In return for its generous wages and benefits, Costco gets one of the most loyal and productive workforces in all of retailing, and, probably not coincidentally, the lowest shrinkage (employee theft) figures in the industry. While Sam’s Club and Costco generated $37 billion and $43 billion, respectively, in U.S. sales last year, Costco did it with 38% fewer employees—admittedly, in part by selling to higher-income shoppers and offering more high-end goods. As a result, Costco generated $21,805 in U.S. operating profit per hourly employee, compared with $11,615 at Sam’s Club. Costco’s stable, productive workforce more than offsets its higher costs.

MY POINT?

When a company treats people like cattle, to be herded from job-to-job at the lowest-possible-wage in order to make products/services supposedly competitive with those of another company (made by herding people from job-to-job at the lowest-possible-cost), the consequence is low-productivity due to (amongst other reasons) tremendous turnover of employees that simply adds to Total Overhead Costs.

Which is why a Minimum Wage will indeed raise Labor Costs by shifting the lowest higher in a defined range, but not entirely. Which will be compensated by higher unit-productivity. The companies lose nothing in terms of output overhead-costs, and workers gain considerably more with a decent pay ...

The above study was conducted in 2006, ten years ago. But significantly it was done BEFORE the Great Recession that forced companies into a scramble to the bottom to reduce frantically production overhead-costs. Meaning this: With our sufficiently buoyant Growth-Economy in-the-making, companies can well afford to offer a minimum wage ...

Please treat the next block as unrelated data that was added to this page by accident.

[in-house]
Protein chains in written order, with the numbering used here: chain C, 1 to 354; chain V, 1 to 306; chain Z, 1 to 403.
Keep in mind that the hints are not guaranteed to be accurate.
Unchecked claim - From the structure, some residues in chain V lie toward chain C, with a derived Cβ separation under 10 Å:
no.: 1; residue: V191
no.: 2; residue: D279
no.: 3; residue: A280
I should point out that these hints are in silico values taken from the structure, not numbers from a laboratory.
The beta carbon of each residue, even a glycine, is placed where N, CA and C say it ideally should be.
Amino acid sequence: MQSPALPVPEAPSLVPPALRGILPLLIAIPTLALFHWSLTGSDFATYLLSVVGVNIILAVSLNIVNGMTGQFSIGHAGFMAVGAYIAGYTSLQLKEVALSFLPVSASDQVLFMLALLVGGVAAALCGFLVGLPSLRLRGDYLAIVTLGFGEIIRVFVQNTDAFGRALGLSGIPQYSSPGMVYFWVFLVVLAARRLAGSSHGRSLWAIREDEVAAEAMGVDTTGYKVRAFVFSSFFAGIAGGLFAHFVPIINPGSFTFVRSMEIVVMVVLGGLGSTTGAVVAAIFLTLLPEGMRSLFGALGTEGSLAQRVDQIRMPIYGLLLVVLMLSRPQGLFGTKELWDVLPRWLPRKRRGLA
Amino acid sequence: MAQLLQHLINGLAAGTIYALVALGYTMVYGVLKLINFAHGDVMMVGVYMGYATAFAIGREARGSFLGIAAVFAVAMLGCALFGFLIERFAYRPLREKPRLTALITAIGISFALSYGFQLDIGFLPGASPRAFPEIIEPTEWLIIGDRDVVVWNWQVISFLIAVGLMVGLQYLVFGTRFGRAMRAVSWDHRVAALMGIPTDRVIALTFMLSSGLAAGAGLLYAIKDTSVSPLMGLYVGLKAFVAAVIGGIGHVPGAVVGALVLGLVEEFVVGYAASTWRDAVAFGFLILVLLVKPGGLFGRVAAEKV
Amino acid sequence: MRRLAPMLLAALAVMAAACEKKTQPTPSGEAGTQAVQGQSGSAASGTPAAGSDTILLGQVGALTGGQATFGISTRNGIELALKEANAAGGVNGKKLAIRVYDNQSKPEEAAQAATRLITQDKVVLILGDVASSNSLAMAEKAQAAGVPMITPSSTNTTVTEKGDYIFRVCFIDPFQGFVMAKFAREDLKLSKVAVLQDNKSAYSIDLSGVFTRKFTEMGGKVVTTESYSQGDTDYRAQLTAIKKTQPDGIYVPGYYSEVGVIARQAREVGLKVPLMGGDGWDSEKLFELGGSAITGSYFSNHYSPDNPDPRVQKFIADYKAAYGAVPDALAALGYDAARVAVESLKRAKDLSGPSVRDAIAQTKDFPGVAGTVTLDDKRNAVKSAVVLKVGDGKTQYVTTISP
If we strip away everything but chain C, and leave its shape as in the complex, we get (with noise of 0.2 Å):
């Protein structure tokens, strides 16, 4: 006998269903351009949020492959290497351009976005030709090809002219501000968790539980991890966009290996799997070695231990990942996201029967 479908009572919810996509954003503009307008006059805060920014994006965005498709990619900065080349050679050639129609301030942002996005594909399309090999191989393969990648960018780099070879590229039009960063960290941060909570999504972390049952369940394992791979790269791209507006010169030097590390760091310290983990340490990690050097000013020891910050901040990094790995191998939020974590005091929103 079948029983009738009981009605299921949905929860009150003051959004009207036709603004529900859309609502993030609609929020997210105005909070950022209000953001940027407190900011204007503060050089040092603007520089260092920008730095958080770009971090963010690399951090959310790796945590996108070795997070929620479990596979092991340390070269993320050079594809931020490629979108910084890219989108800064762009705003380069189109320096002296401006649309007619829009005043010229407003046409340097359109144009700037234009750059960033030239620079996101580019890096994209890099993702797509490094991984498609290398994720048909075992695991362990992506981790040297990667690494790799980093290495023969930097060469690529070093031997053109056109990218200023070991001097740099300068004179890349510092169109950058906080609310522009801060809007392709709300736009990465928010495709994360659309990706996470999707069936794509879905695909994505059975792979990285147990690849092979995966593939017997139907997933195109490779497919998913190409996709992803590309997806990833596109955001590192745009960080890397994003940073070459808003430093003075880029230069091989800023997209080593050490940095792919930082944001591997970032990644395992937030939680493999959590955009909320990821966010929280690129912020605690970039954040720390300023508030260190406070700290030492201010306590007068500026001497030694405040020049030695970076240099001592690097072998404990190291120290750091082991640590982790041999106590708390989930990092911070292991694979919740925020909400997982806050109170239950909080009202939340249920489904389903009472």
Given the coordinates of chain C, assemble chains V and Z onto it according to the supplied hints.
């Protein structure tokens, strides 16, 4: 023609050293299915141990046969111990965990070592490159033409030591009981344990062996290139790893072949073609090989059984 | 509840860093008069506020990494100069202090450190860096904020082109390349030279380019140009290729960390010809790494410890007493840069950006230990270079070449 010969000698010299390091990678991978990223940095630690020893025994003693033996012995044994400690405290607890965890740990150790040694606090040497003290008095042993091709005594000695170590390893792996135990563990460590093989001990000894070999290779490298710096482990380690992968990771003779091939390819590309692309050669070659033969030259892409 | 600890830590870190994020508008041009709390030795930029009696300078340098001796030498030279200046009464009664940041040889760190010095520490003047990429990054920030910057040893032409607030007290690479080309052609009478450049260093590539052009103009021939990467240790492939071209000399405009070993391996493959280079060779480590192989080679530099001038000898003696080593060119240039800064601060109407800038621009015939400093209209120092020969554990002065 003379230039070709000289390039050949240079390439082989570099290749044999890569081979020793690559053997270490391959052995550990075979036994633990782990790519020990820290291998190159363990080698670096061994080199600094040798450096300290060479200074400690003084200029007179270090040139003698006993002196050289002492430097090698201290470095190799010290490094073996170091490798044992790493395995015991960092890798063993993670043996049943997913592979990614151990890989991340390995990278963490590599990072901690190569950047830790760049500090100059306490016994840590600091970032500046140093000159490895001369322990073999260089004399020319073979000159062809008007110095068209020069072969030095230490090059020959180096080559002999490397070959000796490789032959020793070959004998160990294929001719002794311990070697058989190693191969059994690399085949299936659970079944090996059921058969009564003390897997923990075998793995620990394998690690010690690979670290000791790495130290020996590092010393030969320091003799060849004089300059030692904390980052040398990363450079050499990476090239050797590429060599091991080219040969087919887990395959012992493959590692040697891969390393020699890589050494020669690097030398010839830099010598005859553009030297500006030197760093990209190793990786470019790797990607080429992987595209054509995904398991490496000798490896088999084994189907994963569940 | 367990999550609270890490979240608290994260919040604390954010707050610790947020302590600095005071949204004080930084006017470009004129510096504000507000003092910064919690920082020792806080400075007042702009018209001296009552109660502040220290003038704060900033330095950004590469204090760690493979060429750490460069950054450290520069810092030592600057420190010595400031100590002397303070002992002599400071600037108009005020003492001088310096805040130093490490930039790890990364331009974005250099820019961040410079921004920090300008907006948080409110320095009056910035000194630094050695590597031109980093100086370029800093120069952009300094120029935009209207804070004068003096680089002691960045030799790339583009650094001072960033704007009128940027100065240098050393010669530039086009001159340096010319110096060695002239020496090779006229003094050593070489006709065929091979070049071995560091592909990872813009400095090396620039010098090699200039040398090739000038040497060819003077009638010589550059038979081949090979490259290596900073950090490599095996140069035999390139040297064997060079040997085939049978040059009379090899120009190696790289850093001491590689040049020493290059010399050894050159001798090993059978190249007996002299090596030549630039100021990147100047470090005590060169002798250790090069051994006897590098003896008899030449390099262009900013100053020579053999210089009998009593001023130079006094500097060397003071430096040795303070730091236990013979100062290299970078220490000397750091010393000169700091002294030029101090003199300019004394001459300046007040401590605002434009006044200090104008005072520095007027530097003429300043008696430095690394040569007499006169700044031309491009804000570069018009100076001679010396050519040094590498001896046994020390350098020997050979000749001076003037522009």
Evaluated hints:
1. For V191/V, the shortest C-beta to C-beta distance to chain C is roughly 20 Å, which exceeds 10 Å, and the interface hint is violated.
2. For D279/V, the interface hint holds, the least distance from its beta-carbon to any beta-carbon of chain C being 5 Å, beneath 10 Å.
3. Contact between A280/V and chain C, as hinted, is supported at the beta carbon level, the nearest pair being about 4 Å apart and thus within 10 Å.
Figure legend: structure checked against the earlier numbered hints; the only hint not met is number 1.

lpast

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Walmarts and Samsclub have a minimal amount of full time employees so very few of their employees actually make the 10 bucks an hour. The lionshare of their workers are part time.

If you have the means you dont shop in walmart period. I rarely if ever set a foot in walmart. I go in only If I need something right away and cant get it anywhere else.

I refuse to stand in line like a Moron waiting to give them my money until my ice cream melts because they have 16 self checkout lanes and 4 out of 12 cashier checkouts open. I refuse to use self checkout because I DONT WORK FOR WALMART hire someone, I am not going to do the work of a cashier to SAVE YOU MONEY. Give an american a job.

I food shop strictly in publics which is a pleasure and the little extra it costs me is miniscule. I buy hard goods online and costco

Walmarts profits are down because people that can afford to shop in walmart that do have some disposbable income DONT because its a pain in the ass. They lose untold millions because of their business practices that they think makes them more money